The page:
Four Social Networks and Four Songs to Represent Them
Photo source: here.
You probably all know by now the hundredth of Hitler parody videos out there, all adding funny subtitles to a (now) worldwide known scene from the 2004 movie ‘Der Untergang‘, making fun of everything, from events to the Harry Potter movies. Well, apparently it’s also fashionable to sing or, in some circumstances, rap about social networks.
Or at least that’s what I discovered after watching ‘I’m on G+’, the latest viral video that hit the web after the launch of Google+. Throw in some hot girls and sing about circles, drag and drop and +1, and people are definitely starting to talk about you. You, in this case, being Hanson Dodge Creative group, responsible for this disturbing, but oddly catchy tune.
Of course, Google+ was only the latest social network to
suffer gain popularity through such means. Although if I think about it, it’s actually the singers that deserve all the credit for believing that a social network parody song will bring them the fame they always dreamt about. Even if sometimes hearing them makes me reminisce about Rebecca Black‘s ‘Friday’.
‘Sit on my Facebook (Internet Love Song)’ by The Scribes has over 240,000 views on YouTube and it basically refers to all social networks out there. A tribute to all things internet or, if you prefer, a social media anthem for nasty nerds like us. ‘Cause baby you digg me and I love YouTube.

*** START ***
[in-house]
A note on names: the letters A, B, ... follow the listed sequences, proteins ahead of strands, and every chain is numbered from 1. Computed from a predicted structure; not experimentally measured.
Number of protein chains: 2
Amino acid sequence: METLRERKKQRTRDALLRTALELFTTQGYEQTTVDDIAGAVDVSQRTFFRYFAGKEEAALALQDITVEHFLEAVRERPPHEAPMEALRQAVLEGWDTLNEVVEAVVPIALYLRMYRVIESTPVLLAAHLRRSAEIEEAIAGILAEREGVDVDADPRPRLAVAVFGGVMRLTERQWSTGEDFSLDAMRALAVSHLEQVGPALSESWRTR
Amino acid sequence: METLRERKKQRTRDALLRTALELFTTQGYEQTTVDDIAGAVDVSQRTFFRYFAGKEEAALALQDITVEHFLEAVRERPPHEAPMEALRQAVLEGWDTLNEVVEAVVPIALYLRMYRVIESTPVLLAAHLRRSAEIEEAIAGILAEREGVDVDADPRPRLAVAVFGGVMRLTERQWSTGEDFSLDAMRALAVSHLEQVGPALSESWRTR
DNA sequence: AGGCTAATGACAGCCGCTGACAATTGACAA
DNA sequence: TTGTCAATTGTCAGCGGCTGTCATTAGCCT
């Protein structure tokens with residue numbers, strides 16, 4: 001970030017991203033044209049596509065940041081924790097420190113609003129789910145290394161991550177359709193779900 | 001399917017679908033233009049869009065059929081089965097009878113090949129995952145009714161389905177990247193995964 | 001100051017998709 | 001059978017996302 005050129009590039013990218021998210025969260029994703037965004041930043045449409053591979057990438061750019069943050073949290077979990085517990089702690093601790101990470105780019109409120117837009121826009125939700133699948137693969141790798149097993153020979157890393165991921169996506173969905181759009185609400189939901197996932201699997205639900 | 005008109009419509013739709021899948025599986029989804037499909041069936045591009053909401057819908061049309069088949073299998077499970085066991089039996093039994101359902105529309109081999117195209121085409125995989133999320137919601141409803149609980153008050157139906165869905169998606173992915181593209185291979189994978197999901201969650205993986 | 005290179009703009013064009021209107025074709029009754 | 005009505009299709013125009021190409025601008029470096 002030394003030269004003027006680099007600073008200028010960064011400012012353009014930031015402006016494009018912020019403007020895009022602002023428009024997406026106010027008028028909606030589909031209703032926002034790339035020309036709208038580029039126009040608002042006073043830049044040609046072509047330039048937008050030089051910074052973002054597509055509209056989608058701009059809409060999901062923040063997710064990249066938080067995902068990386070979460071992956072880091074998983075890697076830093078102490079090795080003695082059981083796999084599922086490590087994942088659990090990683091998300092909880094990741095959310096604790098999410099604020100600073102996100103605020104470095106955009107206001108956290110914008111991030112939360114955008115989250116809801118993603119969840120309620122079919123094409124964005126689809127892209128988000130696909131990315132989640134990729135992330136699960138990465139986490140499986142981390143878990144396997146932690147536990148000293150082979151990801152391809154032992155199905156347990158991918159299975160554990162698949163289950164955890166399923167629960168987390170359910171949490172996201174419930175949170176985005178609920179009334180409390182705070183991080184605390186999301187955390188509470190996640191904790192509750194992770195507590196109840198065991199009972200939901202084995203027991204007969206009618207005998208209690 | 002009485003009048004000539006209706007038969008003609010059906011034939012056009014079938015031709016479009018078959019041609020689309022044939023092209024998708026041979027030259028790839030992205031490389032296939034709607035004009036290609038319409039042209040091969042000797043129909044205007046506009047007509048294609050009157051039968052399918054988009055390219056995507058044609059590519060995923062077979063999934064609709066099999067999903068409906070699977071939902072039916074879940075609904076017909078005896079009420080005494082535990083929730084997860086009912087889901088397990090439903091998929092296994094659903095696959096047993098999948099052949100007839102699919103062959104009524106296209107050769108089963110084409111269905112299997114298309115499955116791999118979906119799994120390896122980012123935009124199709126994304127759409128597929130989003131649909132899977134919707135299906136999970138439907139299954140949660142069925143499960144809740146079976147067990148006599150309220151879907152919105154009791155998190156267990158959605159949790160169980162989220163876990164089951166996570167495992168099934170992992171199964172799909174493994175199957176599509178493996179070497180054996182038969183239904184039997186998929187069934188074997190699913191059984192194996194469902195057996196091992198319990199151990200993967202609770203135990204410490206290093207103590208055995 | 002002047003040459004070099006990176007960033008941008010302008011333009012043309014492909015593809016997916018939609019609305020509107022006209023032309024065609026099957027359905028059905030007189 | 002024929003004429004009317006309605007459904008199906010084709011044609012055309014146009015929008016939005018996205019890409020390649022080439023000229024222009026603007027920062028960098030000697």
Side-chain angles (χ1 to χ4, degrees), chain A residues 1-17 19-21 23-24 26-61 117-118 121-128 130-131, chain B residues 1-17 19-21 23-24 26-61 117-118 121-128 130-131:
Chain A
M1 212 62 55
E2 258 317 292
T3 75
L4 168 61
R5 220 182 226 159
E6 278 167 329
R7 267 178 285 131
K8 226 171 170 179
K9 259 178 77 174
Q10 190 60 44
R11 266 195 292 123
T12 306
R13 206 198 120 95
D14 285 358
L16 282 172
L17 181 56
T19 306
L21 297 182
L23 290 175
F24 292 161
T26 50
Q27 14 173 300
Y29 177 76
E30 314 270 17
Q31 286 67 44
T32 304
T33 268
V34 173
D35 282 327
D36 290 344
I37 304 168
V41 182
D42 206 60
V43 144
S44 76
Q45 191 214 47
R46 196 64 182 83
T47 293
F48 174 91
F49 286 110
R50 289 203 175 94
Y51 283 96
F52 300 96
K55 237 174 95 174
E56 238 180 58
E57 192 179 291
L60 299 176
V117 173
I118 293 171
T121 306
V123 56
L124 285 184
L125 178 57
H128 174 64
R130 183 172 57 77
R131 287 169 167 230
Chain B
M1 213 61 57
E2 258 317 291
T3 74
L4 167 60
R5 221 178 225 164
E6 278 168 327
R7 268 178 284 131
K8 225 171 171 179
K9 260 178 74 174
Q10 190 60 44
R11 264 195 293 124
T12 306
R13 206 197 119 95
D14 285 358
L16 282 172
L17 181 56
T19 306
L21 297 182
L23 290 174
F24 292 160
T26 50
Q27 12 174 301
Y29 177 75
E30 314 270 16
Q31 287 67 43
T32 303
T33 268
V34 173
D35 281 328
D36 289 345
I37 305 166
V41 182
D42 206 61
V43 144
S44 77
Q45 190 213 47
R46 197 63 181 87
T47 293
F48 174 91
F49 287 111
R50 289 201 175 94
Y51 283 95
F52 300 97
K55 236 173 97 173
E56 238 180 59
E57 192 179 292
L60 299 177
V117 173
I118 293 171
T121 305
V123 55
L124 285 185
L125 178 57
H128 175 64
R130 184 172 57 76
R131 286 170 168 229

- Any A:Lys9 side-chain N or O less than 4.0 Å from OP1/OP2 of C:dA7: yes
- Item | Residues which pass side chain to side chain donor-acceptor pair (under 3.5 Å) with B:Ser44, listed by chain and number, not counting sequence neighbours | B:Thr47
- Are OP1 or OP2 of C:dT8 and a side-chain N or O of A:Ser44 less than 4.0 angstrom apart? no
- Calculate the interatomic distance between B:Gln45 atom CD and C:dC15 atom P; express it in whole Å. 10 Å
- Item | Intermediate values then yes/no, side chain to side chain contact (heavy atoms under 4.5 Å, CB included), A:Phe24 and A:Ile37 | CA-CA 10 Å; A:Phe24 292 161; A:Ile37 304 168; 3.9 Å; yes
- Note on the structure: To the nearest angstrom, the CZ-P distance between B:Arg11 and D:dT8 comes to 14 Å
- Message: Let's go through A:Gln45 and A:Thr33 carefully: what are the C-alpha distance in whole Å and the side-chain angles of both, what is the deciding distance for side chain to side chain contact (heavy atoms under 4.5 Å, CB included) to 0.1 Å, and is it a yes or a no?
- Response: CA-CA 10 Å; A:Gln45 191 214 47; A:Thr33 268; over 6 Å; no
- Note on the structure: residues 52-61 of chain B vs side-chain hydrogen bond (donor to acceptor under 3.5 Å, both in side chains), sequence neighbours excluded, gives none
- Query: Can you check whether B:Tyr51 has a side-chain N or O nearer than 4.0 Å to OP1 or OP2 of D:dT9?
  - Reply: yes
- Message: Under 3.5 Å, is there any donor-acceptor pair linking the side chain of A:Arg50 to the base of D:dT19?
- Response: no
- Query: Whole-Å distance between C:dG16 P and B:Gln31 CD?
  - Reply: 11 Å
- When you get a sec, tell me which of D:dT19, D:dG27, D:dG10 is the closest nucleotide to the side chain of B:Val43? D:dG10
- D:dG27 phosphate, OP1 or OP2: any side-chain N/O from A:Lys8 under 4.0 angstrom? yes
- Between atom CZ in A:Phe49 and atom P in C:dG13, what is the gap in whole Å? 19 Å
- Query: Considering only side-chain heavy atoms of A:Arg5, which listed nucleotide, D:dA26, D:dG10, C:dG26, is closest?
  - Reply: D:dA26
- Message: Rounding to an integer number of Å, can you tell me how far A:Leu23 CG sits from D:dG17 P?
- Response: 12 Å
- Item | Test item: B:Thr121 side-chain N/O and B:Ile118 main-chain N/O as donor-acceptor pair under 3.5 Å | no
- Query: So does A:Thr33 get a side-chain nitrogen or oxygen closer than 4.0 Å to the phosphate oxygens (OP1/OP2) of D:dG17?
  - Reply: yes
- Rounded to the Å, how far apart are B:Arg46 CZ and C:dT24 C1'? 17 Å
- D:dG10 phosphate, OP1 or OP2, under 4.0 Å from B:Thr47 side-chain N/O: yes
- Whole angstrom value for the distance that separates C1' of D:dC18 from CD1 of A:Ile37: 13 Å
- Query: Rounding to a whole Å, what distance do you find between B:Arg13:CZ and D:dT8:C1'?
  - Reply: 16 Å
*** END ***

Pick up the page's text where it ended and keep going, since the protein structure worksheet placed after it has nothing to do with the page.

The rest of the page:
‘Follow me on Twitta’ is another fine example of attempted viral social network self-promotion. It only has a little over 6,500 views, but I remember the day it was launched and the fuss it made back then. For about three minutes I was actually interested in whom Jamie Hall and Taylor Roberts, the singers, were.
Finally, let’s not forget the Foursquare rap. Because badges are all that matter.
Yes, they only appeal to a certain public – the internet enthusiasts – and I can sincerely say that all the songs listed above are… well, half bad, but you have to admit they’re catchy. And their appeal stands mostly in the lyrics and less in music talent.
Do you think they’re actually good for the social networks (all publicity is good publicity and all that) or maybe, instead, they are shamefully representing them, misleading the novices and making them have second thoughts about the social world they just entered? Hit the comments and let us know.
Bonus: God, please tell me this really is a parody. Who could take this seriously?
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About Bloooo: Bloooo spends her days surfing the Internet and watching TV shows and movies. When she is not working as a journalist, sort of. She does not enjoy politics or economy, but is a big fan of cartoons, social media and dogs. And, most of all, she really hates frogs.